The Santa Monica Indian Art Show, which show producer Kim Martindale looks at as a “cultural arts classroom” of Native American keepsakes, is scheduled from 11 a.m. to 6 p.m. Saturday, May 13th; and 11 a.m. to 5 p.m. Sunday, May 14th, at the Santa Monica Civic Auditorium, 1855 Main St., Santa Monica. Tickets are $8 for general admission and free for ages 17 and under.
The two-day exposition features historic and present-day objects of art, including antique Guatemalan masks, contemporary Southwestern kachinas, jewelry, Plains Indian beadwork, Pacific Northwest carvings and Pre-Columbian and Spanish Colonial figurines.
The works of well-known Native American artists will be featured in the show, including oil and acrylic paintings by Gregory Lomayesva, multimedia pieces by Baje Whitethorne, prints by Ronald Chee and ledger art by Michael Horse. The show will include contemporary art works by painter Lourenco Gonzalves and handmade leather jackets and vests by Betty George.
About 100 antique dealers and contemporary Native American artists are expected to be on hand at the show to talk with show-goers about their collections of Native American cultural items.
Martindale, who produces contemporary art shows, says that he first attended the show as a boy in Santa Monica, where he began a collection of arrowheads and moccasins. It left a lasting impression on him and he later started producing the Santa Monica Indian Art Show.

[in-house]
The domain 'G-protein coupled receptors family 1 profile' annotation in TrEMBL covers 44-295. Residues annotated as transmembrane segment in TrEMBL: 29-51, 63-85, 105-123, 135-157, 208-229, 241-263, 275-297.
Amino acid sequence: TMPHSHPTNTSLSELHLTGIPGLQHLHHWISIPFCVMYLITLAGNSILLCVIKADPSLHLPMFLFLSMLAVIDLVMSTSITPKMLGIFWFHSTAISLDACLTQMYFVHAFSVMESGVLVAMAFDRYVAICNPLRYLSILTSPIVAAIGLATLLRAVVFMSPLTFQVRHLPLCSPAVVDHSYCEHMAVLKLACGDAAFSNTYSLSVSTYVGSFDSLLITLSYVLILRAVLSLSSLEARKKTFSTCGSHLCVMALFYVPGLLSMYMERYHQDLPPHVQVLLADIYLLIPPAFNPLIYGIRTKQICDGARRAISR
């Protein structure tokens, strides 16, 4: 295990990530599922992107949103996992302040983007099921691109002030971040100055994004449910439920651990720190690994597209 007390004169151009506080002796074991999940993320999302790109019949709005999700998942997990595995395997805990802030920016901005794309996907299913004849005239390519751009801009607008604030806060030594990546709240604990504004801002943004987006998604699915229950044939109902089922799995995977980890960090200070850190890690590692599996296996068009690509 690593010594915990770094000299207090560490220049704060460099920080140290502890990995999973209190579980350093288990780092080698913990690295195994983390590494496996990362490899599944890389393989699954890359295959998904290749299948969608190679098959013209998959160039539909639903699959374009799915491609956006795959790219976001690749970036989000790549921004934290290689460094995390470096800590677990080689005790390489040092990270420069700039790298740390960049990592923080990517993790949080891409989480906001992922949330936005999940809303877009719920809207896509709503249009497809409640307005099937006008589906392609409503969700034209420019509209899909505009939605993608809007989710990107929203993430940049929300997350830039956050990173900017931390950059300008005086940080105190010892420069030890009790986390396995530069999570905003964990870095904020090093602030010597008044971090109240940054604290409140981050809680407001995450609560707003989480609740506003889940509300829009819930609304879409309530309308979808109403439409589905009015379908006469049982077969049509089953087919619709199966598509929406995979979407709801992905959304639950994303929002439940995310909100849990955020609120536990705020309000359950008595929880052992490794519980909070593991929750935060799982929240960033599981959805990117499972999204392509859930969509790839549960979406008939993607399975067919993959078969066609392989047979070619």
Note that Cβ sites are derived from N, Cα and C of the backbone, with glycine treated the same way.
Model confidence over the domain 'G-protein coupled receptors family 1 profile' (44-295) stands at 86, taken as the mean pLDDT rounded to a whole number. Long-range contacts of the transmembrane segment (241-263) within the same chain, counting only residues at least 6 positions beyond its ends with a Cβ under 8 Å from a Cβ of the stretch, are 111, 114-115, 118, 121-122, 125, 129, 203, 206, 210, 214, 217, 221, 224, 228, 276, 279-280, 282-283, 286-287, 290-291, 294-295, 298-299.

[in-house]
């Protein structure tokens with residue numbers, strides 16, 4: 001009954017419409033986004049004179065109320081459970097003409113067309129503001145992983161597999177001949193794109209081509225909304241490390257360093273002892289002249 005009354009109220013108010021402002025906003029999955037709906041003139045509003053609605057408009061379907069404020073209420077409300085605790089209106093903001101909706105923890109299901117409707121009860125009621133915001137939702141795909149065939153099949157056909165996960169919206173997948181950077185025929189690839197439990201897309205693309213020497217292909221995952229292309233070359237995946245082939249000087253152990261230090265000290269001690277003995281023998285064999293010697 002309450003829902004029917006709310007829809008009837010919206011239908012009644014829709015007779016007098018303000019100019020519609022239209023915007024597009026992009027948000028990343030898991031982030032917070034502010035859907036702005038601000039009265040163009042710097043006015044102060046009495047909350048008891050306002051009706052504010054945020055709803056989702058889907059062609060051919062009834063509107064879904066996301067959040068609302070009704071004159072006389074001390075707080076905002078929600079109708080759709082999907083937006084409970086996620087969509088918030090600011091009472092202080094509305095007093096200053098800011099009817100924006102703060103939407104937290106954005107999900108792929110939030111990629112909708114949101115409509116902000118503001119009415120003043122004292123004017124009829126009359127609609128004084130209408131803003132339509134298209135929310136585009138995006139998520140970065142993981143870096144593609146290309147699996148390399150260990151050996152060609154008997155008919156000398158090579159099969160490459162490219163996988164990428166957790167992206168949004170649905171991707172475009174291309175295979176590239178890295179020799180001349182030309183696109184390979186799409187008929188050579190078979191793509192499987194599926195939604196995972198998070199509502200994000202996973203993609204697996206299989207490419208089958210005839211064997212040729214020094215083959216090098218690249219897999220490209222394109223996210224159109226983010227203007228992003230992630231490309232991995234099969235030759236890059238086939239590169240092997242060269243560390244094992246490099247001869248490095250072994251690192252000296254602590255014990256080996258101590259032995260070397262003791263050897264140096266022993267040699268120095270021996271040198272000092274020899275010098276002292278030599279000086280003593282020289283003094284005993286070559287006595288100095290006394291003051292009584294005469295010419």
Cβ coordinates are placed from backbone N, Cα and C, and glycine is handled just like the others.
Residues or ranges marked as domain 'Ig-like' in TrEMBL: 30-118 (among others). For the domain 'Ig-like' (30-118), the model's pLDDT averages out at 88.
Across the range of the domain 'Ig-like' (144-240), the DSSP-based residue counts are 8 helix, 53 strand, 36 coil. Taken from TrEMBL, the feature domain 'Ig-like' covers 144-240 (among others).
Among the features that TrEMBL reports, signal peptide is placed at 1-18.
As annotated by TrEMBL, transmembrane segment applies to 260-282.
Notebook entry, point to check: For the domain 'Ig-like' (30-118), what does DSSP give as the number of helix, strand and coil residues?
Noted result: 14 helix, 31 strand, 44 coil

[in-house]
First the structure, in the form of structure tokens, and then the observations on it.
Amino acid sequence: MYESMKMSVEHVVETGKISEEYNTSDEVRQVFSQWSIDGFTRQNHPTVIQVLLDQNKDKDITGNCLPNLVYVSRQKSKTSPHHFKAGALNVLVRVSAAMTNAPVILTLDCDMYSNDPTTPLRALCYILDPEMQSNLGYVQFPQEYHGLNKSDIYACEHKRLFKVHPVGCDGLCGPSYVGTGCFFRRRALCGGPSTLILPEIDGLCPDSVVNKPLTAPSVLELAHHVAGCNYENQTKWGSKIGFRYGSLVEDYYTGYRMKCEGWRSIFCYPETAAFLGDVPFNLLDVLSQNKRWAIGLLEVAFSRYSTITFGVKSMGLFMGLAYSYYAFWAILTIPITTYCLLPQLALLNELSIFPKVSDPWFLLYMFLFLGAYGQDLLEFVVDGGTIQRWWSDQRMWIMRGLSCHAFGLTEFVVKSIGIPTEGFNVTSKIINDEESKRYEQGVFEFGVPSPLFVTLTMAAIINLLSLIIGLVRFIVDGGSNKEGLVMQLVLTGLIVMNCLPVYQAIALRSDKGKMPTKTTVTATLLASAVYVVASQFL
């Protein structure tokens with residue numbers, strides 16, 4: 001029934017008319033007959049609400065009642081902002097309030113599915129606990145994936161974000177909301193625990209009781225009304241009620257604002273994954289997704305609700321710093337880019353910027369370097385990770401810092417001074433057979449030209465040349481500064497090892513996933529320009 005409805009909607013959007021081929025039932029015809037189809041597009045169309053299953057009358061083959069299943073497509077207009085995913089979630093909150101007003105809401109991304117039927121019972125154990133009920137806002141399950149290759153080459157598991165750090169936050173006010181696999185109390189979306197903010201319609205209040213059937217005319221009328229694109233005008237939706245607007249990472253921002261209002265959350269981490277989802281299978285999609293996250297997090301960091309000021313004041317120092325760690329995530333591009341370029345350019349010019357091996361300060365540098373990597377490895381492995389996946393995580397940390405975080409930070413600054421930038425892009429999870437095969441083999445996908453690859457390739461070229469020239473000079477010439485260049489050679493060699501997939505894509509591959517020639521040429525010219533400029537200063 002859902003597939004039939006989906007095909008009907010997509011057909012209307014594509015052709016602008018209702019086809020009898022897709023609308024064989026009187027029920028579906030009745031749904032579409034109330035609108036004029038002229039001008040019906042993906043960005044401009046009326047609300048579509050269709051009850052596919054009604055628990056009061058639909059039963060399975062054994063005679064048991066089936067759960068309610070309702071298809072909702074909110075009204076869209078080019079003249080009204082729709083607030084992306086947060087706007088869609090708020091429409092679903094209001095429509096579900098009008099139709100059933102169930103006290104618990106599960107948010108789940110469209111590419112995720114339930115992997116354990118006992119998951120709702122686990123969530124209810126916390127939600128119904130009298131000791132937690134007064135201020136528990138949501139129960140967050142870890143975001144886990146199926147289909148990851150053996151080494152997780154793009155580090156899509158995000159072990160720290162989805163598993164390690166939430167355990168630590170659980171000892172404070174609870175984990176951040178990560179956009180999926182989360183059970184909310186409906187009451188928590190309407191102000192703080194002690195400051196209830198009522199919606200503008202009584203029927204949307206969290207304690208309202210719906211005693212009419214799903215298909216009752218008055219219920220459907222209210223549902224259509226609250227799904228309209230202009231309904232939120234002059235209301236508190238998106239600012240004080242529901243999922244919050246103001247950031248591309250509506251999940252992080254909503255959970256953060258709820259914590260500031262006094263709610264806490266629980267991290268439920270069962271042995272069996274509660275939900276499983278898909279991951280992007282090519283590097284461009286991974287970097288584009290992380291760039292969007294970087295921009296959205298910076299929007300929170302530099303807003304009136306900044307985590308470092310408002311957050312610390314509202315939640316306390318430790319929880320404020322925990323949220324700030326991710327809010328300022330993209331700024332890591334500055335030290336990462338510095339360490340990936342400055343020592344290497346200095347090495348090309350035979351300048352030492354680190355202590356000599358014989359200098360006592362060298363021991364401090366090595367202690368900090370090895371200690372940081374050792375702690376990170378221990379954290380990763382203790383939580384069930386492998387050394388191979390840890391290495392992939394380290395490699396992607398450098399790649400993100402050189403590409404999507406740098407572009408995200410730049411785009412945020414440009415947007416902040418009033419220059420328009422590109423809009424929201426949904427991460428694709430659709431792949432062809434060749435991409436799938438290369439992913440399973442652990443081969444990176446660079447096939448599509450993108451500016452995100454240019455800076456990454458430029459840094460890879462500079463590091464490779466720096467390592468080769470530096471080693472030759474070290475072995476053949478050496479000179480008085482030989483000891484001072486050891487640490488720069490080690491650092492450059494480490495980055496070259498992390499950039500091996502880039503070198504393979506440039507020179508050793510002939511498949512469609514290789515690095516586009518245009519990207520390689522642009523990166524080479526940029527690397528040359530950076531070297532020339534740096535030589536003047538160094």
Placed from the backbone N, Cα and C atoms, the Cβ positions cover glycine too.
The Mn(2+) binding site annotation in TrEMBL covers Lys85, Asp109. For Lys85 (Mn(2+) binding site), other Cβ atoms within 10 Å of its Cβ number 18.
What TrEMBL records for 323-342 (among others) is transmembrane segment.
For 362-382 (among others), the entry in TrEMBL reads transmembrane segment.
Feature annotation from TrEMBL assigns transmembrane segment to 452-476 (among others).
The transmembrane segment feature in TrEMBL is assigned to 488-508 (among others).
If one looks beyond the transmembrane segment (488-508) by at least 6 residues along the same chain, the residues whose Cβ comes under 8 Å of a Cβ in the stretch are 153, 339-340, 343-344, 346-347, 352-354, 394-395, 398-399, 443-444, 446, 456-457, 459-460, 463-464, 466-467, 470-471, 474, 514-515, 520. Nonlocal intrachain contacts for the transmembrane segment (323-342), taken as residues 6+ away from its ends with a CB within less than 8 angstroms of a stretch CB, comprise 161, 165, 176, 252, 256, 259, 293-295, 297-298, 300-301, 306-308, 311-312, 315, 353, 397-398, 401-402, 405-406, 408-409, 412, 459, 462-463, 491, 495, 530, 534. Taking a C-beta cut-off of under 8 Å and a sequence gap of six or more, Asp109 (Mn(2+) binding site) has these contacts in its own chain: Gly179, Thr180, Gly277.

Grammy Award-winning musician and maker of handmade instruments Xavier Quijas Yxayotl, a regular feature at the Santa Monica Indian Art Show, will return this year with musical performances spaced throughout the two day event.
Yxayotl is a musician of Huichol heritage who performs ancient music of the Maya, Aztec, Tarahumara, Tepehuane, Yaqui and other indigenous pre-Hispanic peoples of Meso-America.
The name Yxayotl, which means “tears,” was given to him by a Nahuatl shaman during a peyote ceremony in 1977.
Yxayotl lived for a time among the Huichol and Tepehuan tribes in the mountains of Jalisco and Nayarit, Mexico, where he participated in indigenous ceremonies and rituals.
Yxayotl learned the craft of making traditional Native American instruments, as well as ancient instruments of the pre-Hispanic peoples that have become obsolete. Instruments that Yxayotl specializes in include Mayan and Aztec drums and flutes, Tarahumara drums, turtle shells, rain sticks, Teponaxtli log drums, Mayan ocean drums, rattles and gourds.
Additional Native American cultural entertainment at the show will include storytelling by Chumash tribe members Ted and Dennis Garcia. Historically, the Chumash lived along the coast of California between Malibu and Paso Robles.
The Chumash are known for basketry, use of the plank canoe, cave paintings and money made from shells.
Information, (310) 822-9145.